While many media applications run in external viewers these days – think the separate RealOne player – Mr Berners-Lee is concerned that by making all inline content apps subject to patent, it would effectively wipeout millions, billions of webpages that form the history of the Web.
How? Because the people that own the patent, Eolas Technologies Inc, decided they would use their patent to sue Microsoft, claiming infringement in Internet Explorer. In August, a judge agreed and awarded Eolas $521 million. Microsoft is currently appealing the decision but it has already made clear it plans to redesign Explorer to bypass the patent.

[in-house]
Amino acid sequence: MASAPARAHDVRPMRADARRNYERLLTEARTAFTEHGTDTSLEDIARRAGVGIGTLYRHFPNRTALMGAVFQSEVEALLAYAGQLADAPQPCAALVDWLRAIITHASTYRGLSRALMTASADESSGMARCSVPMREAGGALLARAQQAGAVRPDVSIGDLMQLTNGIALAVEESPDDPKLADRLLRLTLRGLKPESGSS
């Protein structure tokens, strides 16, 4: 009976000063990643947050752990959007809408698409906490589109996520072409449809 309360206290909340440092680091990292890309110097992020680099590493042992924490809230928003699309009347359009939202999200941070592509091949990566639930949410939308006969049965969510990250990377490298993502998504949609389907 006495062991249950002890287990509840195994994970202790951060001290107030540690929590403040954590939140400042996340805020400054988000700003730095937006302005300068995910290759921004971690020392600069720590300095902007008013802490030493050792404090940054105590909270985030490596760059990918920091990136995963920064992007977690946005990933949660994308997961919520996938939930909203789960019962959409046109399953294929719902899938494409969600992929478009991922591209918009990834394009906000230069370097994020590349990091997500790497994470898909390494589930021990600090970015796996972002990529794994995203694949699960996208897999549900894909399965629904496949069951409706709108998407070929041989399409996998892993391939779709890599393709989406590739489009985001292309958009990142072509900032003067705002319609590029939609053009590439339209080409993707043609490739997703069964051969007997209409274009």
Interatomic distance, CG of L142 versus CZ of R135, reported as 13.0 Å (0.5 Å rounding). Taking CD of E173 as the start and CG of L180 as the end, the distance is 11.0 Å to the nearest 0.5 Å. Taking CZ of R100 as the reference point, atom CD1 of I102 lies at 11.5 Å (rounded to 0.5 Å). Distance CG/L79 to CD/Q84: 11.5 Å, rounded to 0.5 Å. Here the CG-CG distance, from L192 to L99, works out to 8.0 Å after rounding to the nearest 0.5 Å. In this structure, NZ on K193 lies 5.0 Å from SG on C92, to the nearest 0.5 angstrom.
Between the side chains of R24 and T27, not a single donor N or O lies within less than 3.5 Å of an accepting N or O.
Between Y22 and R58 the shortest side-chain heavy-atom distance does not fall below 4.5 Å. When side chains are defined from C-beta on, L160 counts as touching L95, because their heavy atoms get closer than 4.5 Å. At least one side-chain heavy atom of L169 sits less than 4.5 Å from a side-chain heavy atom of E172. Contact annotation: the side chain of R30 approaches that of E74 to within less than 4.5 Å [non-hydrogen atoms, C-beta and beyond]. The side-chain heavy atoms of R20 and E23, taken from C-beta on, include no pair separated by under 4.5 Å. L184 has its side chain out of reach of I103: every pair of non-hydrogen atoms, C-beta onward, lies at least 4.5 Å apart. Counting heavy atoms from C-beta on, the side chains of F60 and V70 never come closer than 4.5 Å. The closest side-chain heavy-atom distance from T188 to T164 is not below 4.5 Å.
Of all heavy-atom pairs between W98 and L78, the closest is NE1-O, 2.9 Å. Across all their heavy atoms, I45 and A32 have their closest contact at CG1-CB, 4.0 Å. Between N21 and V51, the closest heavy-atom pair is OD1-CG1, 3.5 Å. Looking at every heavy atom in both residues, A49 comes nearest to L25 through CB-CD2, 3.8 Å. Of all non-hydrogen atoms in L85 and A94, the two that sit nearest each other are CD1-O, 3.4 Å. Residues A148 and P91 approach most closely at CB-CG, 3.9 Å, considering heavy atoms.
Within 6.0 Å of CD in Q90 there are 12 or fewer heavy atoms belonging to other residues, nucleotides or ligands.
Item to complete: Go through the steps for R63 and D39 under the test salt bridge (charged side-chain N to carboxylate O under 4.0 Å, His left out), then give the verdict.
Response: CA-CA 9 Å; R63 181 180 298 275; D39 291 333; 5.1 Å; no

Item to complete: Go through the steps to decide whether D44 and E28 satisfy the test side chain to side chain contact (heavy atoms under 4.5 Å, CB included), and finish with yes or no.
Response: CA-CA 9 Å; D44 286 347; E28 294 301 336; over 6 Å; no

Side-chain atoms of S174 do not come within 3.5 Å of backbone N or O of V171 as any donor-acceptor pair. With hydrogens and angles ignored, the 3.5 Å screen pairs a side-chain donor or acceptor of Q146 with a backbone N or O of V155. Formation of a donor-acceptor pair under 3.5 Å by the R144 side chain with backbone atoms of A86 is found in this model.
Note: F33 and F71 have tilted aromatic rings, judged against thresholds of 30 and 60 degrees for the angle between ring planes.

Berners-Lee is no friend of Microsoft, particularly since Explorer regularly steamrollers over the W3C efforts to build international standard consensus by including its own proprietary features. However in this case, he is infuriated by companies attempting to claim ownership of parts of the system he helped build just to sue other companies and build a fat bank balance. If Explorer does change, it will not be backwards compatible – another nasty precedent that W3C is desperate to avoid.